Why the JUNK Leads?


Lead Qualifying Tips for Show Staffers

Generating leads is JOB ONE for most trade show exhibitors, but you want to generate hot qualified leads – the ones that result in business for your sales team. If your booth staff is just collecting business cards and company names, you’ll end up with a lot of dead ends. You will also end up with a sales team that does not want to follow up on the leads.  This is evidenced by the fact that 79% of trade show leads are never followed up on (CEIR) – in large part because the leads that are taken at the show are not qualified enough to “make it worth my time,” as a sales person. Make sure you’re providing your sales team with quality leads by following these helpful tips.

Ask Your Sales Team

So, how do you even tell a cold prospect from a hot one? Tap your sales team beforehand and ask them what information THEY would like to have from potentials. That way, your booth staff isn’t wasting its time asking the wrong questions and getting useless answers. Find out what looks like a great prospect to your sales team, and teach your staffers to identify them.  

Remember "CHAMP"

To differentiate a serious prospect from a casual attendee, use the proven qualification methodology CHAMP: Challenges, Authority, Money, Prioritization:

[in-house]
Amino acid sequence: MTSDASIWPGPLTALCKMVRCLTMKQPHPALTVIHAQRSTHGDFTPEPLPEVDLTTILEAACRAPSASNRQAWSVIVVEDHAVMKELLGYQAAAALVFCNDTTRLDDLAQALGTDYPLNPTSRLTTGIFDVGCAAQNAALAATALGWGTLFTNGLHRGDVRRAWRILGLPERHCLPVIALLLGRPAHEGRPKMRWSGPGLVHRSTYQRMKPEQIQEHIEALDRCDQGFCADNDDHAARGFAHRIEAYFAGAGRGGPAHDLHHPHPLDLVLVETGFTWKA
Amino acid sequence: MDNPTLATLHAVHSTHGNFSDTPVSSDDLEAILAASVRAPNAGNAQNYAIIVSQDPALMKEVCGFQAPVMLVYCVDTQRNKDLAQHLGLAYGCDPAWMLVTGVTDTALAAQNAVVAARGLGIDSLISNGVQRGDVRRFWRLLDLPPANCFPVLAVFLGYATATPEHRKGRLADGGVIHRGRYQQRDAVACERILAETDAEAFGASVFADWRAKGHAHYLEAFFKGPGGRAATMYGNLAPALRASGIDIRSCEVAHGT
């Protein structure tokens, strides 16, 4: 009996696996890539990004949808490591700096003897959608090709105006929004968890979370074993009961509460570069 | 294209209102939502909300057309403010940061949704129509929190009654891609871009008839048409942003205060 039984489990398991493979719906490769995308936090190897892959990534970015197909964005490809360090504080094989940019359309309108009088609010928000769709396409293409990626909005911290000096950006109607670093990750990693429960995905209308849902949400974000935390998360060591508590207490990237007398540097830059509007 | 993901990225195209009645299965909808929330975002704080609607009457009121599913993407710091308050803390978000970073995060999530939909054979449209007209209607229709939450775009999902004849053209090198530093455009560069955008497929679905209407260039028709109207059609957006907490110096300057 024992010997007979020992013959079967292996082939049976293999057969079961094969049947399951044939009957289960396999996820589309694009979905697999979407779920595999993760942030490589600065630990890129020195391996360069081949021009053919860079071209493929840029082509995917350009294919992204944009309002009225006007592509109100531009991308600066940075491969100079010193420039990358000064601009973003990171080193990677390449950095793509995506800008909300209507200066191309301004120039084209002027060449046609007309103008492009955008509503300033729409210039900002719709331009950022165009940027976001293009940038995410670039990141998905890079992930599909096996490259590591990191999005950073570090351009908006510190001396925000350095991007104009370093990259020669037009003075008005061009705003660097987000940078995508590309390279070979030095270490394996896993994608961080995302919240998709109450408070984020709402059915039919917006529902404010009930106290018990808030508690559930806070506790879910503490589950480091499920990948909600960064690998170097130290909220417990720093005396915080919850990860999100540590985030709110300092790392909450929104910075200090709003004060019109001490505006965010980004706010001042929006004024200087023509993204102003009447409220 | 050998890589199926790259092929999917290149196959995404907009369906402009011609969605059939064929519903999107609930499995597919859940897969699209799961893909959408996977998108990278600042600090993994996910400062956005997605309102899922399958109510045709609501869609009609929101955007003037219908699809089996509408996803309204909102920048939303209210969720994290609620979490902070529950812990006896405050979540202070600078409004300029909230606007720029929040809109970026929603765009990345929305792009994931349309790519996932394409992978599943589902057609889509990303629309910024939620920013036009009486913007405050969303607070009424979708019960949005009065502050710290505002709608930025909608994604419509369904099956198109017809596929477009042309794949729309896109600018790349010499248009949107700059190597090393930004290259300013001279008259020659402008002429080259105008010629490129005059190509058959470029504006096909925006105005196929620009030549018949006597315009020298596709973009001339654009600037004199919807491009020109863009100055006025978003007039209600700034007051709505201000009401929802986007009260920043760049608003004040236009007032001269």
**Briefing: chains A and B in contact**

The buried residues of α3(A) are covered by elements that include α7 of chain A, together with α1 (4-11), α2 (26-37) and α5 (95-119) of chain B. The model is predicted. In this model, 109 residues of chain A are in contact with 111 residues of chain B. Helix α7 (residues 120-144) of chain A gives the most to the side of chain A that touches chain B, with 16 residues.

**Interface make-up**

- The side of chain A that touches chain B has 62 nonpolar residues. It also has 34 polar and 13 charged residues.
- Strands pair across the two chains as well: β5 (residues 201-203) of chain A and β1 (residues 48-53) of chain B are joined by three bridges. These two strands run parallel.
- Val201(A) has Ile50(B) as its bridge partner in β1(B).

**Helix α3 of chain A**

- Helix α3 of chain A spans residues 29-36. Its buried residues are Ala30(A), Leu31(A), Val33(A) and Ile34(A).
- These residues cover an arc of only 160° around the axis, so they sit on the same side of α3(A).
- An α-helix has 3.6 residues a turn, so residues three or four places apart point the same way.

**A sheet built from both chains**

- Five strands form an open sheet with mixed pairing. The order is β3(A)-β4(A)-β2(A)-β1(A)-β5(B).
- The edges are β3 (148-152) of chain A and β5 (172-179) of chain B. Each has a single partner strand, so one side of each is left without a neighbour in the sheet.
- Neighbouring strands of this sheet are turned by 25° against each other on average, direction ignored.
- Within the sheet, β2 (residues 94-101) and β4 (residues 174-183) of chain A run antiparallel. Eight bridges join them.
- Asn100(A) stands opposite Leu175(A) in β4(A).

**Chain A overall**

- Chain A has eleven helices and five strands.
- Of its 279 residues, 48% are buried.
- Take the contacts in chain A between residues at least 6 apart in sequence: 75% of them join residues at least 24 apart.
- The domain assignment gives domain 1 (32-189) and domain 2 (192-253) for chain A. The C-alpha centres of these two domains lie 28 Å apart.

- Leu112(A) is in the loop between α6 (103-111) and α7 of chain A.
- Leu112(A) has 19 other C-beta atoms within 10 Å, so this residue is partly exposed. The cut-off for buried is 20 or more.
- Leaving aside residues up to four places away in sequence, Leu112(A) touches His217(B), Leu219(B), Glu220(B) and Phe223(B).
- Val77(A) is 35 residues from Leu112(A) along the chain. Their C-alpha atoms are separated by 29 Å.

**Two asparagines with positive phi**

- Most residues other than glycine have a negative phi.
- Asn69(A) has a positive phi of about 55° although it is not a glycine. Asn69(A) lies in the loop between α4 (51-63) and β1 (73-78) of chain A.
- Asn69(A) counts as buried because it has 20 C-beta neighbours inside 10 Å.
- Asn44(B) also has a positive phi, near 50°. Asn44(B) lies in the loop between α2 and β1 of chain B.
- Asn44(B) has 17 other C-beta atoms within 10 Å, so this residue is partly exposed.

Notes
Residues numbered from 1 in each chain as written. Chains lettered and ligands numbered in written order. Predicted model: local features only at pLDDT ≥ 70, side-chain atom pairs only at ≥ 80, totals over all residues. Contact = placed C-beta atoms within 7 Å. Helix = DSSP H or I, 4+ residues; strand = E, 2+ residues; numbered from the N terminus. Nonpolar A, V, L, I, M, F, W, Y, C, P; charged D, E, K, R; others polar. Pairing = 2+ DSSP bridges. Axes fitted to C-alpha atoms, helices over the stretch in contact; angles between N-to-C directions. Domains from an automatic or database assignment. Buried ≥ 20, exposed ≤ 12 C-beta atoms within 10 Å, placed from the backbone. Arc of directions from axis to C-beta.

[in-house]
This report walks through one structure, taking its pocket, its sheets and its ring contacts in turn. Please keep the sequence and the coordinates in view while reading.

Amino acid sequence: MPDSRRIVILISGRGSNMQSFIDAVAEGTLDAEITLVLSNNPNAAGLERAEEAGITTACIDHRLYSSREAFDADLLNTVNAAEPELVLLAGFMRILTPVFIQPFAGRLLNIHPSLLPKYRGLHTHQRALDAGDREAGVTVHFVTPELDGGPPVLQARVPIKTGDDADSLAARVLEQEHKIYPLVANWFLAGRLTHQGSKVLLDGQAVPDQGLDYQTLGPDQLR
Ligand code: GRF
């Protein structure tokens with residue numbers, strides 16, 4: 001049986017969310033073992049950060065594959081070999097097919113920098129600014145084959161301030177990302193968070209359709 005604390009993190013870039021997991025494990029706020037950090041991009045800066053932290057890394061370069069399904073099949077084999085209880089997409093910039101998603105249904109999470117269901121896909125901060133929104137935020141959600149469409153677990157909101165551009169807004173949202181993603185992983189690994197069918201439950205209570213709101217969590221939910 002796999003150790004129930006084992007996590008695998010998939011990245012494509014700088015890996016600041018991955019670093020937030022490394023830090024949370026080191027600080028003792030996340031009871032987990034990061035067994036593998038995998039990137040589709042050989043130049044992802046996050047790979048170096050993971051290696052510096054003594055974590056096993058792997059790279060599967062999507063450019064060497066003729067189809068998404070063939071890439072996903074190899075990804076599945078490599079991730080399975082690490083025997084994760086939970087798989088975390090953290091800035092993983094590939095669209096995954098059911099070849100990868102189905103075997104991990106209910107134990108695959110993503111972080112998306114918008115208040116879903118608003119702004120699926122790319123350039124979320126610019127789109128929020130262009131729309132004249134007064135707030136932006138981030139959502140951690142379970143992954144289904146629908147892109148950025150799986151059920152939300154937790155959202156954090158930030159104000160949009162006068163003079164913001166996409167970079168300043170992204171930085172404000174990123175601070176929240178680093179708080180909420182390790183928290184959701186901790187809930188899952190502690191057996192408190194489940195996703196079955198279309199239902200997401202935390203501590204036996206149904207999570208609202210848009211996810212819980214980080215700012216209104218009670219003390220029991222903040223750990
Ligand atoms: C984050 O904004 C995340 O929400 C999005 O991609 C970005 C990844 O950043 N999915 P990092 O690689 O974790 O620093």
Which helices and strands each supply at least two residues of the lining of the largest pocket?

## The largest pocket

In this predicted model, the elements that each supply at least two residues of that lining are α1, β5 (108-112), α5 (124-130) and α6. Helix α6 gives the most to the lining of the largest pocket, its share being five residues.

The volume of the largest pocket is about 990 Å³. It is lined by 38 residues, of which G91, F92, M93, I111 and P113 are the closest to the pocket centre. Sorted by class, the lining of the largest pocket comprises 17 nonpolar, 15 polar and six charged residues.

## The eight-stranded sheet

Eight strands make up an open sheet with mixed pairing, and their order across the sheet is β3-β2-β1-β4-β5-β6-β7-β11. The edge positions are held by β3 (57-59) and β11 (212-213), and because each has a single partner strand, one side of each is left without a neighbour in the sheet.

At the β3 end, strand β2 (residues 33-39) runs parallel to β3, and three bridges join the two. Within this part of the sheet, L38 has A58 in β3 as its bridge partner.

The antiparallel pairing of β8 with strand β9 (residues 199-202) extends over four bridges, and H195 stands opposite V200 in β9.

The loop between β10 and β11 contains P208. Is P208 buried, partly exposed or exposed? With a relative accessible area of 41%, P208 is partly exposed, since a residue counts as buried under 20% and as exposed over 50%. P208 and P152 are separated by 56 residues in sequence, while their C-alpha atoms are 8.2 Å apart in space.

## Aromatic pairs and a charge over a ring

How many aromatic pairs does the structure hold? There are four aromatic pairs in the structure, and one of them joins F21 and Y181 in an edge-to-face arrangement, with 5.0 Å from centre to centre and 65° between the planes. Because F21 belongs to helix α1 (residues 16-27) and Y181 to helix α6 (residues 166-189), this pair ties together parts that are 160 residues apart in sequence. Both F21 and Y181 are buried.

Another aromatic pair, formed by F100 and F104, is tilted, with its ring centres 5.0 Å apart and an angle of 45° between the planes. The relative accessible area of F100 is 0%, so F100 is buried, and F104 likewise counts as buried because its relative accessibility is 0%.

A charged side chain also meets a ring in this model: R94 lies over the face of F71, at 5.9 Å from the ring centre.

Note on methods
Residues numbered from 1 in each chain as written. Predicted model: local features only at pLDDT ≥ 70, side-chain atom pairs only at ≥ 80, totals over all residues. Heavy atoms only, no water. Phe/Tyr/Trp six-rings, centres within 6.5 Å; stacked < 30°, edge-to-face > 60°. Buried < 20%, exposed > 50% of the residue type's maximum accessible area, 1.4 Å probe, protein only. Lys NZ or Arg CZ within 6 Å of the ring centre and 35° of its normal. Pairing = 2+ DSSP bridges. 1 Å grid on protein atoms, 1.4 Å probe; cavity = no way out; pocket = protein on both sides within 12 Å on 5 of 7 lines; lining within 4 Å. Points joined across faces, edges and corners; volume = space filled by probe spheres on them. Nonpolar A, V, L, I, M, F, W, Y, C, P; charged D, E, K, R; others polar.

Challenges:  The first order of business is to determine the lead’s pain point. Why are they here? What do they need? How does that need being met/unmet affect them? Where could their current vendors improve? Finding the answers to these questions will gain you access into the attendees’ motivations and will help you determine the next step. Once you see the larger vision of the company’s needs, you can ask more specific questions related to actually filling those needs.

Authority:  Determining the authority of the person you’re talking to is the most crucial, and perhaps the most difficult, item on a staffer’s checklist. The last thing a staffer wants to do is spend loads of time chatting up a company man only to discover he’s NOT the decision maker in the company. And often, the most talkative attendees are not the ones with the buying authority. Just because someone asks a lot of questions or has great rapport with the booth staff doesn’t mean they are in a position to pull the trigger when it’s time. Find out who the decision makers are and pour the effort into them.

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Money:  This is one of those taboo subjects no one wants to broach, but in business, everything comes down to money. Asking some basic  budget-related questions can be painless to all the parties involved, and it can be especially helpful to the sales team. Poking into the company’s budget can be simple and vague. For example, ask if and when funds will be available for filling the company’s needs. Perhaps you’re talking to someone at an event in October whose fiscal year begins in July – that simple answer gives your sales team the information it needs to know how quickly to pursue that lead. On the other hand, if you’re talking to a company rep who has money set aside come January to begin making big purchases, your sales team will definitely want to act quickly.